Mohammed Aamir tells me he forgets things easily, a consequence of frequent beatings, 14 years in jail and the trauma of being called a terrorist and - this appears to bother him the most - traitor to his country.
There are some things he never forgets: that he was 18 years old, an 11th-grade student, walking down a poorly lit Old Delhi street at 9:30 pm on the night of February 20, 1998, when some men grabbed and bundled him into a Maruti Gypsy; that it was January 9, 2012, when he walked out of Delhi's Tihar Jail, a free man. His father, a toy dealer, was dead. His mother was paralysed and mute.
Aamir has had to learn many things, such as using a mobile phone. "Only the rich had cellphones when I went to jail," says Aamir, now 32. "I've learned to use a computer, e-mail, and I am on Facebook. I want to be a part of society and my country again."
For a man who was tortured and charged with 17 counts of murder, terrorism and waging war against his country, Aamir is affable and remarkably free of rancour.
In this age of terrorism and religious polarisation, too many stories like Aamir's play out across India's flawed - but functional - judicial system. Aamir's case is one of 16 documented in a report called 'Framed, Damned, Acquitted: Dossiers of a very special cell', a reference to the Delhi Police anti-terror unit, the Special Cell, which was primarily responsible for most anti-terror prosecutions in Delhi between 1992 and 2012.
Released earlier this month by the Jamia Teachers' Solidarity Association (a body of teachers at Delhi's Jamia Millia Islamia University), the report, in large part based on court orders, argues that the acquittals were "not simply for want of evidence", a common hurdle in anti-terror investigations. "What judgement after judgement comments on is the manner in which the so-called evidence provided by the police and prosecution was tampered with and fabricated," says the report.
For instance, the evidence offered by the police against Aamir included dollars, diaries with details of explosives, his birth certificate, school character certificate, school identity card, school marksheets. Why, asked a judge, would a man planning an act of terror carry school identity cards, marksheets and a birth certificate? The implicit answer: these were ham-handedly planted by the police to establish he was not a minor.
"The prosecution has failed miserably to adduce any evidence to connect the accused-appellant with the charges framed, much less prove them. Accordingly, the appeal is allowed and the judgment of conviction (by a lower court)... set aside," the Delhi High Court said on August 4, 2006. Although Aamir was exonerated, the police brought more cases to trial, keeping Aamir in jail for six more years.
The Delhi Police deny any wrongdoing by the Special Cell, even refusing action against officers indicted by courts for extra-judicial killings. Police Commissioner Neeraj Kumar dismisses demands that the Special Cell be disbanded, as the Jamia report recommends, and as Mumbai's "encounter specialists" were. "Why don't they list out (sic) the special cell's successes, the Parliament attack case, the Red Fort shootout and so on?" said Kumar, quoted in Mail Today.
To be sure, keeping India safe from terror is a formidable task. Many bombings have been solved and terror cells busted by hardworking officers; most convicts are indeed zealots from the Islamic fringes. It is hard to say if police excesses surpass their successes, but it is clear that too many officers go rogue and too many young Muslims are arrested on the flimsiest of grounds, which include the possession of religious texts and newspaper clippings. In the long term, the Indian battle against terror is setting itself up for failure if innocents are implicated, and if set free, offered no apology or reparation.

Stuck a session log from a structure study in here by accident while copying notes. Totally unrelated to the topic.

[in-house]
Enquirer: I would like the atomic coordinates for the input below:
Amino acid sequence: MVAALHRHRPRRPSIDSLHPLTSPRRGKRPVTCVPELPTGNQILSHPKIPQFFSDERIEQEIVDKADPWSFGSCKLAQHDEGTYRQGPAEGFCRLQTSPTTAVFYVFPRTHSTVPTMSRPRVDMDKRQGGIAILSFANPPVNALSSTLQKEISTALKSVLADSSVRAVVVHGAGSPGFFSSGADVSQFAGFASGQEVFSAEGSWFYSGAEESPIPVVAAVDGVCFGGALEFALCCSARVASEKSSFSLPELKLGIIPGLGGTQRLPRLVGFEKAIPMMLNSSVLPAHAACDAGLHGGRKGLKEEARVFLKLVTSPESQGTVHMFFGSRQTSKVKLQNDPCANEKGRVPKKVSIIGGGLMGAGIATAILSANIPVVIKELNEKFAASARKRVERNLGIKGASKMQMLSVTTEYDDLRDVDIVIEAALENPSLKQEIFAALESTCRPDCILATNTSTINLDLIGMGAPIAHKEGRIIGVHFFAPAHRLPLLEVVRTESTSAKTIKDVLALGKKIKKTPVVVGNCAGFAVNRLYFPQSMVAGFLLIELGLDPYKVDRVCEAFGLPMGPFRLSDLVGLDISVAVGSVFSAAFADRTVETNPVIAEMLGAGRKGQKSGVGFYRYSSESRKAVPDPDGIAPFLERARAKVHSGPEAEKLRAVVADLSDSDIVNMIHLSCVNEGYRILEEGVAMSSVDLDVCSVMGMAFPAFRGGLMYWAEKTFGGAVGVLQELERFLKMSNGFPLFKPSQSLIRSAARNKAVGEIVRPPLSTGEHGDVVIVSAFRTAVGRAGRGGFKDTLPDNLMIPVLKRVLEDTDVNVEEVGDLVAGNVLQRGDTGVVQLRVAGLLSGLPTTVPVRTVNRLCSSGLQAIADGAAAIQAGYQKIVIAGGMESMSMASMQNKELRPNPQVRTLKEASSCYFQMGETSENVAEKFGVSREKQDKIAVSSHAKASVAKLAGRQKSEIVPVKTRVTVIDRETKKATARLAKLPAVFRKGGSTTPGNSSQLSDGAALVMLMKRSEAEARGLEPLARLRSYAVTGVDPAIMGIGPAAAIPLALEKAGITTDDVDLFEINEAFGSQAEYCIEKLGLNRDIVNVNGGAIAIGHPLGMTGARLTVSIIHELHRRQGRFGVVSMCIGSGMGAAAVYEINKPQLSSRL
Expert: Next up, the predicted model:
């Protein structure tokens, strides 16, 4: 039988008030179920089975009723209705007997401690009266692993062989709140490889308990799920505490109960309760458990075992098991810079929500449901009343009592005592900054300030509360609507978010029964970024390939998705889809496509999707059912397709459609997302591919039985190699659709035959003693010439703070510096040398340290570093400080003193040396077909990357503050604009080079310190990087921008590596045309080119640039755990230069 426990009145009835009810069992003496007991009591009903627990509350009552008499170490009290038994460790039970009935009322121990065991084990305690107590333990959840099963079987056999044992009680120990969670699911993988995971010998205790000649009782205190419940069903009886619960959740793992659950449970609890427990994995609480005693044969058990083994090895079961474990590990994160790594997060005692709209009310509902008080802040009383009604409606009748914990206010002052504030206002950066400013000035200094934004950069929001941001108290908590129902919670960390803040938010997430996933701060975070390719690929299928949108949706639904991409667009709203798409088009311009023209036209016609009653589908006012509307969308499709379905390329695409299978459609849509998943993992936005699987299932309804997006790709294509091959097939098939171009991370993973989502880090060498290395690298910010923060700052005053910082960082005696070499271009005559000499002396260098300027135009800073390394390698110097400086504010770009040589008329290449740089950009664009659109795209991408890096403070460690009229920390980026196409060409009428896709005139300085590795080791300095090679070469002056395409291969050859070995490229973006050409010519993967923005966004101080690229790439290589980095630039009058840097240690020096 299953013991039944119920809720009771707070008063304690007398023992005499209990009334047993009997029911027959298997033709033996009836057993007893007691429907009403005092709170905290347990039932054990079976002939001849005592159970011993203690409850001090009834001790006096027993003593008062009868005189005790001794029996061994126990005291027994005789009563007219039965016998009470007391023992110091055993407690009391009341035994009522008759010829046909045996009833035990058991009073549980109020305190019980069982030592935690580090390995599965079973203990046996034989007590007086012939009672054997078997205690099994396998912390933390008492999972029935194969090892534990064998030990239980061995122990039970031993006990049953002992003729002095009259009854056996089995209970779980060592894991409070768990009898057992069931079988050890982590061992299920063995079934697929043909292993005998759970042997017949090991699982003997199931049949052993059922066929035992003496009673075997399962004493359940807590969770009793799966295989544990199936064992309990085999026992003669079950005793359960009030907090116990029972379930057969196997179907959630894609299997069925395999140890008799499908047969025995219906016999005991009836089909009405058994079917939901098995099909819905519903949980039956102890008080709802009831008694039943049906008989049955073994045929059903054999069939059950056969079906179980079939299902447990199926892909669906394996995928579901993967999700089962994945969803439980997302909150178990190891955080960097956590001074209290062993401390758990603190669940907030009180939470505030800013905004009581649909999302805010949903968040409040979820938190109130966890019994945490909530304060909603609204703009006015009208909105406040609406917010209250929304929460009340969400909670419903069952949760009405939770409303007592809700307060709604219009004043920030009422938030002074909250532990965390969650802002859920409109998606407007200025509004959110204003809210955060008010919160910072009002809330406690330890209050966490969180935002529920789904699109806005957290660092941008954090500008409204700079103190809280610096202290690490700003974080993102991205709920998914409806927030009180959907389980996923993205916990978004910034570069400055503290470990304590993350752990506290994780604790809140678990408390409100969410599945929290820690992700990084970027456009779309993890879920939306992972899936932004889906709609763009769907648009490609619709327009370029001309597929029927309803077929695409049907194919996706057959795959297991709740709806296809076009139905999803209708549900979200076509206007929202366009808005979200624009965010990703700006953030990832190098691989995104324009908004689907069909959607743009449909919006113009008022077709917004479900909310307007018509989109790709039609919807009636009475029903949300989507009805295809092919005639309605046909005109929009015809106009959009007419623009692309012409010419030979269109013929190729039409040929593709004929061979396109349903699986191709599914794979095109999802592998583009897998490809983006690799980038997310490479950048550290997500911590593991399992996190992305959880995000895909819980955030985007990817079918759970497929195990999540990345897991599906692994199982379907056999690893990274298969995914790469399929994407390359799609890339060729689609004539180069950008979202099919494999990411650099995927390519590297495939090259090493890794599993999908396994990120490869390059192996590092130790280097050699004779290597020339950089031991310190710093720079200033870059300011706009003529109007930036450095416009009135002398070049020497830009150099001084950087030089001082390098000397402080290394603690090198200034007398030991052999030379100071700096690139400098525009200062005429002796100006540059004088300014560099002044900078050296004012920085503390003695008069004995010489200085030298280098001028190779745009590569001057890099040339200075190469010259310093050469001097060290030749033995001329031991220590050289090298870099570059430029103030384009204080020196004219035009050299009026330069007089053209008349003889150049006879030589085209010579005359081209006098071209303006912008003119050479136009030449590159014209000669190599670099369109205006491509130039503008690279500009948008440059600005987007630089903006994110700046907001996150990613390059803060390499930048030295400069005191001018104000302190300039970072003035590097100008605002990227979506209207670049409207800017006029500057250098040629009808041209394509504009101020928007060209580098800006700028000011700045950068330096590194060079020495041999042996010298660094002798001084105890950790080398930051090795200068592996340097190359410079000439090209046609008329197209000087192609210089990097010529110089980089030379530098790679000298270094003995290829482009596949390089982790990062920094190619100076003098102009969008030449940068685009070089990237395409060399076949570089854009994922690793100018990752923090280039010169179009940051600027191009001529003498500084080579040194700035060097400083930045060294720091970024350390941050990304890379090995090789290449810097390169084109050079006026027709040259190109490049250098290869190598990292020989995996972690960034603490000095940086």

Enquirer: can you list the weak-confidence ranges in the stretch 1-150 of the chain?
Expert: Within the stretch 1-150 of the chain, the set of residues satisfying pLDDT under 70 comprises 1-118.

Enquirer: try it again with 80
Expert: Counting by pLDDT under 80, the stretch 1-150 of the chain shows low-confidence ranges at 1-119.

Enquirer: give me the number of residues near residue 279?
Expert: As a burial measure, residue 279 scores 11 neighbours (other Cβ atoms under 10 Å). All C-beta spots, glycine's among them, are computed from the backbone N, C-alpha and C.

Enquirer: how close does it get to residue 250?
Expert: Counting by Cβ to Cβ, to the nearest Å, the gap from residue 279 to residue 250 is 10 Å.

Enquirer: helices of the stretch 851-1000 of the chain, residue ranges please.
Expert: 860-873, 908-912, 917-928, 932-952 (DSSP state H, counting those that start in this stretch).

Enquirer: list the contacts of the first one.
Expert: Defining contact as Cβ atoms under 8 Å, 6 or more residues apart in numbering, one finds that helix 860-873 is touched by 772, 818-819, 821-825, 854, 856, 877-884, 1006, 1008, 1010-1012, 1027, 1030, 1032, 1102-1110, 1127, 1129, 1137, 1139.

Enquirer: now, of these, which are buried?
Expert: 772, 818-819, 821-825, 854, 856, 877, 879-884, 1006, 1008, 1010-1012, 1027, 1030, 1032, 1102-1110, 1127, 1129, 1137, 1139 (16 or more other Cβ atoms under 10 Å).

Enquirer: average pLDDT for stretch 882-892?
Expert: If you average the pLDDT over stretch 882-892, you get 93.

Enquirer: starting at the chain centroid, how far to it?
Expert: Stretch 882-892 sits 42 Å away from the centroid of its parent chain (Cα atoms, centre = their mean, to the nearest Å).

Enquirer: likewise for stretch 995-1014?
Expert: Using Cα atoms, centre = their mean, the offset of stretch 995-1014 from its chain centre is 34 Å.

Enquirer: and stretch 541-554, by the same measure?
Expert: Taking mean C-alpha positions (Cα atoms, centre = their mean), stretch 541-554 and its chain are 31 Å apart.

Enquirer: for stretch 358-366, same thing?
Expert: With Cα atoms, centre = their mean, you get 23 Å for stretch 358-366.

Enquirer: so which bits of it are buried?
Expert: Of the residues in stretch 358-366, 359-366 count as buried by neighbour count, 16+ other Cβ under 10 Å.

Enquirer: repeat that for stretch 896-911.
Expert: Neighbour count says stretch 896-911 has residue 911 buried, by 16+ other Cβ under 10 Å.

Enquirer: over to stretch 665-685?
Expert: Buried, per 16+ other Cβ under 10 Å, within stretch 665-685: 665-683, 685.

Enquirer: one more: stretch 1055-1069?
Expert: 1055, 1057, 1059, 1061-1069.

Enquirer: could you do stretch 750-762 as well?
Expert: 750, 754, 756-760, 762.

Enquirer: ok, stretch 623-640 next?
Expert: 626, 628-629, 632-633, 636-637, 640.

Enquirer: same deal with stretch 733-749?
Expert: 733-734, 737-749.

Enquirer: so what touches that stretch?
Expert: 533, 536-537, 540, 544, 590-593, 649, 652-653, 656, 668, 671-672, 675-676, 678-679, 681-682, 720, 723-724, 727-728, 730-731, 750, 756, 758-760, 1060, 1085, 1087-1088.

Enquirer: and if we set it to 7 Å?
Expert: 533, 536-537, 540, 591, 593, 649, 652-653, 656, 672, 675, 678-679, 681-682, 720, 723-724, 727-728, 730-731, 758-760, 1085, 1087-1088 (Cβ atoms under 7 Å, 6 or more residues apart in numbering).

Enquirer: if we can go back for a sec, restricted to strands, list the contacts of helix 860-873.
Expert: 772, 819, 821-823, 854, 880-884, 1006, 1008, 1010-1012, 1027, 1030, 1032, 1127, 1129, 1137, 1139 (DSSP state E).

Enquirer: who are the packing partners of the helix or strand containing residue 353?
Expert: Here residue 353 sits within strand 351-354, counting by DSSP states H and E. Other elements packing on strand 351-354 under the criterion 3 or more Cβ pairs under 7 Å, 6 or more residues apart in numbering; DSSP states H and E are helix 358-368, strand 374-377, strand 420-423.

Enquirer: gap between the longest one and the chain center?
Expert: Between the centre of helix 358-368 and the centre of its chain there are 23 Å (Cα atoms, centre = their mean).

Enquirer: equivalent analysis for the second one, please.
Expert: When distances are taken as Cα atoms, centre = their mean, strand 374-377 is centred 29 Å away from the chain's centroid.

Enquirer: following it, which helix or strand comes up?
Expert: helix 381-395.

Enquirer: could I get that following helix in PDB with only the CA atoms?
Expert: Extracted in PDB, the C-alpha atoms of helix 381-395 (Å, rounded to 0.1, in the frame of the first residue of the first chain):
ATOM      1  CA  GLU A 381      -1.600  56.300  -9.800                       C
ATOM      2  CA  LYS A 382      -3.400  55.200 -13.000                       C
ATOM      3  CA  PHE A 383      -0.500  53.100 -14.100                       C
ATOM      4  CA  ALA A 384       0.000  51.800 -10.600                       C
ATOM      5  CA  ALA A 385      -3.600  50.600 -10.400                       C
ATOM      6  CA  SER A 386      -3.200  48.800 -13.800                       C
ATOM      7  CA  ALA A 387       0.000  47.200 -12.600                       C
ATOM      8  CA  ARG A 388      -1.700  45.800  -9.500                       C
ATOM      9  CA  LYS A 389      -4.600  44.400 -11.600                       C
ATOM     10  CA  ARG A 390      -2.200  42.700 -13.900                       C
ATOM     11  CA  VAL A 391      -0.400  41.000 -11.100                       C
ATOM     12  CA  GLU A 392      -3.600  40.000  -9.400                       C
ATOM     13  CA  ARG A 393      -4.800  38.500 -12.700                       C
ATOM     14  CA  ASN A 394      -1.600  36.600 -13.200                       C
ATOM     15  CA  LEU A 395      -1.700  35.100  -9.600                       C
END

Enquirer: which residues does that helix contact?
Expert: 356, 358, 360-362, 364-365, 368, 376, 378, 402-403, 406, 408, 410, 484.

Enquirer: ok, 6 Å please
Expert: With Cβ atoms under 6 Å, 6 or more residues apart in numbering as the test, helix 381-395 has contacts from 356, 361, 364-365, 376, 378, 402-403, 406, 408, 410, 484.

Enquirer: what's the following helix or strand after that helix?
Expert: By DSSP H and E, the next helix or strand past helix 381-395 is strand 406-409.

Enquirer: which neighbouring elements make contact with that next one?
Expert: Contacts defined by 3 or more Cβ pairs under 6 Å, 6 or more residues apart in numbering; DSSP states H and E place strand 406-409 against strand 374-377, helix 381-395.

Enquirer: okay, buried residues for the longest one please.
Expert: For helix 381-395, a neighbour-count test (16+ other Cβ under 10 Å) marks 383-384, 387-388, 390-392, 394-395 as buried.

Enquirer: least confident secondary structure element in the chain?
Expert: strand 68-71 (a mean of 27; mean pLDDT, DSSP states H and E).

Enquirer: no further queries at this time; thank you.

The first low-intensity bombings - on buses, in trash cans, on motorcycles, in public places - in India began in the 1980s and grew in the 1990s as a handful of angry, educated Muslim youth, urged on by a few radicalised leaders and, often supported by Pakistan, sought revenge for religious riots and discrimination against Muslims. It is hard to infer causality, but these bombings coincided with a rise in literacy, globalisation, the spread of television and the rise of Salafism.
This script changed between 2006 and 2008, a period when mosques and a train to Pakistan were bombed. More than 116 people died in six bombings; in all the cases, young Muslims, previously arrested, "confessed". As the cases fell apart in court, special investigators joined the dots: all the bombers were Hindu. Ever since, police cases that automatically blame Muslims face close questioning.
Terrorism is yet a fringe phenomenon. Whenever I've checked with intelligence agencies, they say no more than a few hundred individuals, Muslim and Hindu, are committed to being terrorists. But, as an atmosphere of intolerance spreads through mainstream India, there is no count of sympathisers who might cross the line.
Such sympathy can only grow unless wrongfully arrested young men are rehabilitated and compensated for what Aamir calls "a loss of the golden years". After his release, the Indian home ministry called to discuss compensation and a possible job offer. That was the last he heard from the government.
"What has given me hope is the help I have received, particularly from non-Muslims," says Aamir, now an office assistant and LLB student (he completed his BA in sociology and political science while in jail).
He's engaged to be married, and benefactors have pooled money to buy him a flat.
Aamir waits for the day when he will be "reunited" with his country. "I feel my country has reaccepted me 70%," he says. "One day, I know, it will be 100%."
Samar Halarnkar is a Bangalore-based journalist. The views expressed by the author are personal